The Real Victims in School Reform Battles Are Kids Who Can Be Taught and Aren't

Categories: Schutze

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The response to my article here last week about school reform proves one thing. I'm doing a poor job presenting school reform.

The entire issue, in fact, is being framed in the responses to the article as a kind of combination civil rights question and job security dilemma for teachers and principals. I'm not saying those are not significant corollaries. But they are not what school reform is about.

See also:
- Carolyn Davis Comes Out Swinging Against School Reform, in Defense of Principals' Jobs

Two days ago on my show on KNON Radio (Get Off My Lawn, 10 a.m. Saturdays), my guest was a DISD teacher who has come up with his own way of teaching math in language comprehensible to poor kids who have no resources or backup at home. Far be it from me to suggest that my guest has invented a new Rosetta Stone of mathematics instruction. That's not why I had him on.

He was on the show to convey one idea. It's a simple one. And it's huge -- way bigger than any of us. It's this:

They can be taught.

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That's what school reform is about. It's an explosive concept that turns the whole social logic of our nation inside out. It blows up the protective armor of apathy we all hide behind. And by we, I'm talking about arch-conservatives who say they can't be taught because they have lousy parents; I'm talking about liberals who say we'll teach them right after we abolish poverty; I'm talking about white people hiding in enclaves; I'm talking about successful black and Latino people hiding in the same enclaves. And those are just the easy targets.

Here's the really trough painful one for me. I'm also talking about the young female teacher who called in, her voice leaden with grief, pity, compassion and despair. She talked about her students who come to school not just unable to read but not knowing what reading is, barely able to speak. She loves them because they are splendid. But at the end of every school day she must turn them out again to parents who will stagger the streets all night searching for crack. In her voice was great sadness but also horror.

Those children can be taught.

The rock on which the new school reform movement stands is massive statistical evidence, no longer even considered controversial, that children from the very worst beginnings and environments can be brought to full literacy and math competency by the end of third grade. From that point on, their destinies are changed. They are now students instead of prisoners in training.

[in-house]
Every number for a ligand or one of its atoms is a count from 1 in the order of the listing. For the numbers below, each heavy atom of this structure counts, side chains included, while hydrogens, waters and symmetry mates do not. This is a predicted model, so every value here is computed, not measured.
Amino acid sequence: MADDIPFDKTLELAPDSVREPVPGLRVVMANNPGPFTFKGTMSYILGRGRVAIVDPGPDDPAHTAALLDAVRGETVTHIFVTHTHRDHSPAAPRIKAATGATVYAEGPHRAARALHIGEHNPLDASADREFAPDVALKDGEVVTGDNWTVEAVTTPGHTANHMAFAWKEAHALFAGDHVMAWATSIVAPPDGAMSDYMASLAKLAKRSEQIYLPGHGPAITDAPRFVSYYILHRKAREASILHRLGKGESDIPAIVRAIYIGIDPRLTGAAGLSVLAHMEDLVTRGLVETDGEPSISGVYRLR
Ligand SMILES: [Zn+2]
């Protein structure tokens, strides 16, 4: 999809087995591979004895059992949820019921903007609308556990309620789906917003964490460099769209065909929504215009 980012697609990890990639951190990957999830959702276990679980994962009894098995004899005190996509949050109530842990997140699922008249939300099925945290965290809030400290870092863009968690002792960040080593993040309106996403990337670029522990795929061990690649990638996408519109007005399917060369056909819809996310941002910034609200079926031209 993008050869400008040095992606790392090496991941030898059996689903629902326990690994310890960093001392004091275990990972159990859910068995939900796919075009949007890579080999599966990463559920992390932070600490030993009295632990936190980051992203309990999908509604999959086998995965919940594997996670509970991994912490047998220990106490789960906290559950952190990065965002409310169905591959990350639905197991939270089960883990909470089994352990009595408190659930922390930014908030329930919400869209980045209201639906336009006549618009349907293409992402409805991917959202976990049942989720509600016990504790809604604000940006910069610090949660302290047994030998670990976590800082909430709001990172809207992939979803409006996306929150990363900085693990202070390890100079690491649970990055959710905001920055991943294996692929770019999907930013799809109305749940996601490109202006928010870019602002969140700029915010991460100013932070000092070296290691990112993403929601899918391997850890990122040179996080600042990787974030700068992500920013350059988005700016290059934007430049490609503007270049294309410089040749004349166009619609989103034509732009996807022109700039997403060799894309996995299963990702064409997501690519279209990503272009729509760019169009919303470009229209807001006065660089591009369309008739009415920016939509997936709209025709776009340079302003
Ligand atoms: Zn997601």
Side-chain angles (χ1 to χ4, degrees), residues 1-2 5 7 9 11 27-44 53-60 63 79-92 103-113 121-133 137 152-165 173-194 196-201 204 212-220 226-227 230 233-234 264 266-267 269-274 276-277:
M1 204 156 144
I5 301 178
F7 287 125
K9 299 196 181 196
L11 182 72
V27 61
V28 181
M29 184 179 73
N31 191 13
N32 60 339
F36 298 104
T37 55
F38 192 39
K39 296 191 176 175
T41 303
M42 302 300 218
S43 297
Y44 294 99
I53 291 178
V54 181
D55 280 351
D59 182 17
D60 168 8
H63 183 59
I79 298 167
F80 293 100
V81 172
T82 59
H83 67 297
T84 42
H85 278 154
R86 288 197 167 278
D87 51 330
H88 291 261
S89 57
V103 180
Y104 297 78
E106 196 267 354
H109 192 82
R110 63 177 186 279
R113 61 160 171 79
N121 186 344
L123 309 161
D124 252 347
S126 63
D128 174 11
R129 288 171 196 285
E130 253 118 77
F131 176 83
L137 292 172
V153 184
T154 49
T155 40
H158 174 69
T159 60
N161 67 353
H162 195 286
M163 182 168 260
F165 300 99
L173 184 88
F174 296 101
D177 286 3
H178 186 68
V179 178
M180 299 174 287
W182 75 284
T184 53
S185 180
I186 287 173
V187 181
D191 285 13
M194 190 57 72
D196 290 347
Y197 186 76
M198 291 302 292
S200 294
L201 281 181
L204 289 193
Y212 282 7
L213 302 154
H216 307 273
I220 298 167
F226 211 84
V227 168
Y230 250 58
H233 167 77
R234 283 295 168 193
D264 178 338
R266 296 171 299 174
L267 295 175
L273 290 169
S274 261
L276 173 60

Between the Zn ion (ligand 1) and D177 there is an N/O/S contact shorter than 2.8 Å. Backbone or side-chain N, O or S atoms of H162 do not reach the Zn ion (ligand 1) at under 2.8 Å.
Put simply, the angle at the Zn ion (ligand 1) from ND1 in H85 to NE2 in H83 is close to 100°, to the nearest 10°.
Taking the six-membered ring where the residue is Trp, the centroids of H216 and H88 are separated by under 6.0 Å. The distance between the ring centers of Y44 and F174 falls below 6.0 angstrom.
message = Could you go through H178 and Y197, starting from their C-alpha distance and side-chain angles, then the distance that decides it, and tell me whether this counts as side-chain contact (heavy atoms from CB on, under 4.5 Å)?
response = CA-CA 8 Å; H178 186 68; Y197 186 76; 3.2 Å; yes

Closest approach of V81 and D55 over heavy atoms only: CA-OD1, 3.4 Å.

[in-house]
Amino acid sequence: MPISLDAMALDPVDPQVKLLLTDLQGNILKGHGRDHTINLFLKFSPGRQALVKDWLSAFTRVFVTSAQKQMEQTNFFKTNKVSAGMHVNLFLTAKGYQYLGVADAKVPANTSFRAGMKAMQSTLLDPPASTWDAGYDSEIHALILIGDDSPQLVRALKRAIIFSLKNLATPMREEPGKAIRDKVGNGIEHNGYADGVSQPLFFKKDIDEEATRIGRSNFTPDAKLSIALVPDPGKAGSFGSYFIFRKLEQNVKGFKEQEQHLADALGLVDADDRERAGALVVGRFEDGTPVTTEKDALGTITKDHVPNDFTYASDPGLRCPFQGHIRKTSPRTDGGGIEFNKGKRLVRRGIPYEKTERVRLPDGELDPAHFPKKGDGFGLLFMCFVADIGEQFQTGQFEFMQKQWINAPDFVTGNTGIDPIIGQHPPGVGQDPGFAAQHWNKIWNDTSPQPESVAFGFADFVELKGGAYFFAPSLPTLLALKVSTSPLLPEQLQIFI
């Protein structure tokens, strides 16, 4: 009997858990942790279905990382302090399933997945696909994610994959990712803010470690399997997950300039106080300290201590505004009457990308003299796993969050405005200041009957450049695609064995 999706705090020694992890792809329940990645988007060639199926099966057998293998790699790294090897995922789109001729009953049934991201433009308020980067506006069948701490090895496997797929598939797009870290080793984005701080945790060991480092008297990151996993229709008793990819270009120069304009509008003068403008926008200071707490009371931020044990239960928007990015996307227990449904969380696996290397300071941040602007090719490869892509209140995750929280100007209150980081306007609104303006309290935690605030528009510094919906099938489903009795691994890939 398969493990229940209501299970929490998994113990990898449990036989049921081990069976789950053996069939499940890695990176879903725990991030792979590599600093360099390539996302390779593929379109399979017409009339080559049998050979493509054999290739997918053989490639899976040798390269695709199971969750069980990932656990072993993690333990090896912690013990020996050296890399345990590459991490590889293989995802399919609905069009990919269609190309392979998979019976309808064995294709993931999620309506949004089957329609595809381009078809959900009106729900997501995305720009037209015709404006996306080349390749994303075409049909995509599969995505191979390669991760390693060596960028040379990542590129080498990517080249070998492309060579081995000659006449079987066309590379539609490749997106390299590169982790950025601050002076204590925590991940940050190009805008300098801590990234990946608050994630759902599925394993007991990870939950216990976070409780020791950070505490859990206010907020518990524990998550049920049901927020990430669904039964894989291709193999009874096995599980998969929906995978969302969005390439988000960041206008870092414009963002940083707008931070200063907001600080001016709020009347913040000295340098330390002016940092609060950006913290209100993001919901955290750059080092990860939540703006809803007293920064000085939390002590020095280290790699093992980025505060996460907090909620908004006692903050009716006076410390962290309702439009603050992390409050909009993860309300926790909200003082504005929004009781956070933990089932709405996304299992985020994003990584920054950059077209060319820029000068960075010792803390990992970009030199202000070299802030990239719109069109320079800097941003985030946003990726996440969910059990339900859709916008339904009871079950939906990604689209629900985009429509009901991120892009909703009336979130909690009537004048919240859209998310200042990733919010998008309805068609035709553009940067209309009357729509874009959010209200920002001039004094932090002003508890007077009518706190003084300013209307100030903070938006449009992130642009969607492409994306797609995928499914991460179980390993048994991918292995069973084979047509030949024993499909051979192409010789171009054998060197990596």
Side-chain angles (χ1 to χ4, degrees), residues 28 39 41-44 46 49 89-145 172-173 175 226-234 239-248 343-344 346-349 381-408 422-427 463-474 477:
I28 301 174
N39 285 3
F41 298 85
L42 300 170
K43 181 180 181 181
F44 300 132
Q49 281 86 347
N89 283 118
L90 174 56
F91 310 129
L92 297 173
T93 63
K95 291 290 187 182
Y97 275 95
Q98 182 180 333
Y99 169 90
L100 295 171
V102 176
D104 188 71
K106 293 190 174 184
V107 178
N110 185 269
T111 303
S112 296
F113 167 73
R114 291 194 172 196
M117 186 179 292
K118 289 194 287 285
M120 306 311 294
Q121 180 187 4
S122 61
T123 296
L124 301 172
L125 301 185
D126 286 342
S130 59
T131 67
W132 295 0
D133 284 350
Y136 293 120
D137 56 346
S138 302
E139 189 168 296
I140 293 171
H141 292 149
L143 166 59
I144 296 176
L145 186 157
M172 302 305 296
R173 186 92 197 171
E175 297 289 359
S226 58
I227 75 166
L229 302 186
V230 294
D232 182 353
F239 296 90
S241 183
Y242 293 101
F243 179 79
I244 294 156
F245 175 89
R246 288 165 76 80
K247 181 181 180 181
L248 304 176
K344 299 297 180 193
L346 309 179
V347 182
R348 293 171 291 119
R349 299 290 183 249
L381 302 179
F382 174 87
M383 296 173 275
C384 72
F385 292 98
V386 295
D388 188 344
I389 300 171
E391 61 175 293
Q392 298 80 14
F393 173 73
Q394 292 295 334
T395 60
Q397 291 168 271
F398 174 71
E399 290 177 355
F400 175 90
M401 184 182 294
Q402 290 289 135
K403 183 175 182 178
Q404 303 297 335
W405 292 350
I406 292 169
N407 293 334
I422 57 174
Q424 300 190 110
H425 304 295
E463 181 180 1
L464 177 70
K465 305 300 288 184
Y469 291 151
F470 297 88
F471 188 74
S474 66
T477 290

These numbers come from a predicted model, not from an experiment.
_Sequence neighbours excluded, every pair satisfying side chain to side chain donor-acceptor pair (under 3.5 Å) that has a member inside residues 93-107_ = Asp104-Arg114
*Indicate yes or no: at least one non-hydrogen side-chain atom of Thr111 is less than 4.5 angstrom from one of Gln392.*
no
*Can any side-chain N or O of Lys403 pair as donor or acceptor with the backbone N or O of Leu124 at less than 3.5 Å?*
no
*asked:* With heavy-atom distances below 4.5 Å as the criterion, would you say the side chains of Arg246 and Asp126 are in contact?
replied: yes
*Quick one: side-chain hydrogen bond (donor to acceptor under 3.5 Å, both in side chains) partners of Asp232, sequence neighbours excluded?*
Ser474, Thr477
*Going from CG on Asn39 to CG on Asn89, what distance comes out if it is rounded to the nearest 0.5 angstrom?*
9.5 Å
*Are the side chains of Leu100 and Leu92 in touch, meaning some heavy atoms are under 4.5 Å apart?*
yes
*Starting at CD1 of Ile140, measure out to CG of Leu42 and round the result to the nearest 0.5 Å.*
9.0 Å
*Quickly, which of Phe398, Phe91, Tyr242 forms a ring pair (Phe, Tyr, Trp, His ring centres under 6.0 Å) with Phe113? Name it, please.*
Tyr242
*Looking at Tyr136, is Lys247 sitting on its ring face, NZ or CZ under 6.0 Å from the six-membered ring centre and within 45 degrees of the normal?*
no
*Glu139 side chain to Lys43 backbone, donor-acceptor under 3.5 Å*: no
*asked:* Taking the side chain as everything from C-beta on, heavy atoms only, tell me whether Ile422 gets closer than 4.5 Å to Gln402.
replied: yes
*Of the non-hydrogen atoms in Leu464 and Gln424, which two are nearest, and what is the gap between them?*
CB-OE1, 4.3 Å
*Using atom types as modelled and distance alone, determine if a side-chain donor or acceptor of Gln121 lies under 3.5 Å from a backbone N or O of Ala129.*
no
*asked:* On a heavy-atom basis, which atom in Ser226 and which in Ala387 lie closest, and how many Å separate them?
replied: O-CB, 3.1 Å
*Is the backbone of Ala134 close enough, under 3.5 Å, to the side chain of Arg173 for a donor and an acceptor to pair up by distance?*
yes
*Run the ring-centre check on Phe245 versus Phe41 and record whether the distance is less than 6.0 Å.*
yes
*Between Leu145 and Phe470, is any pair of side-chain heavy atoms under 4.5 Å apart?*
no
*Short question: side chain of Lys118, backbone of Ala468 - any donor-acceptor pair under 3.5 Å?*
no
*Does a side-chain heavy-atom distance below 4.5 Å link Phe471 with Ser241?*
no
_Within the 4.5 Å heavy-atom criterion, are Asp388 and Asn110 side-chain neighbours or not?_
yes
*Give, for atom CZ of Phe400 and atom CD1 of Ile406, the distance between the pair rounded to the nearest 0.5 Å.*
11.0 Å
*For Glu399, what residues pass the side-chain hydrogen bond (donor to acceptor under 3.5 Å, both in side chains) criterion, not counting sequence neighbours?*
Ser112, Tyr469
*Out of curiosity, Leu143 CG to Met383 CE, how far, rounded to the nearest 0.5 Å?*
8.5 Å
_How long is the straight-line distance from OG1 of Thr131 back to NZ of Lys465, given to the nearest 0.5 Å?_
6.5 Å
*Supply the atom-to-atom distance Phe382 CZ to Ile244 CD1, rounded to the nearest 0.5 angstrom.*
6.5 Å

My experience with people on this issue has been this: Once they see that single truth, once that torch appears before them in the night, they can get a little crazy.

Think about it. Every year we funnel thousands of children straight from school to prison. The statistical determinacy of their fate is so absolute that we could prowl the maternity wards and rubber-stamp it on their foreheads: PRISON. This newborn child is hereby sentenced by statistics alone to spend the rest of his or her life in hell.

Once we know that we can defeat that fate, that we can save that child, then we should all be driven little bit crazy by the fact that we're not doing it. Think of it as children floating past us in an open sewage ditch. We are standing on the banks. We could pull them out. That we fail to save them should make us all stark raving mad.

The school reformers tend to fortify themselves behind some tough rhetoric, in part because they know what kind of war they face with all of the people whose jobs are on the line. But that rhetoric -- and apparently a lot of what I have offered here on the subject -- flies right past the truth.

If it can be done, why is it not done? What does it say about us that we fail to make it happen, no matter what the costs in human dislocation?

But, wait. What about the people who fear that dislocation, the teachers who have been out there trying? Don't they have a lot more standing and a lot more credibility than anybody else?

Maybe. But this is not about you or me. There is only one question for any of us to answer. If it is possible to bring these children to full literacy by the end of the third grade -- and it is -- then why is it not getting done?

This is what I wish the school reformers would do: stop talking to suits. Get out into the neighborhoods. Get out on the street. Tell the parents. Yeah. The crack-heads. The drunks. Or maybe the hard-working poor people who are not crack-heads or drunks but move to a new address just ahead of the bill collector every two months because their minimum wage jobs won't pay for food and shelter.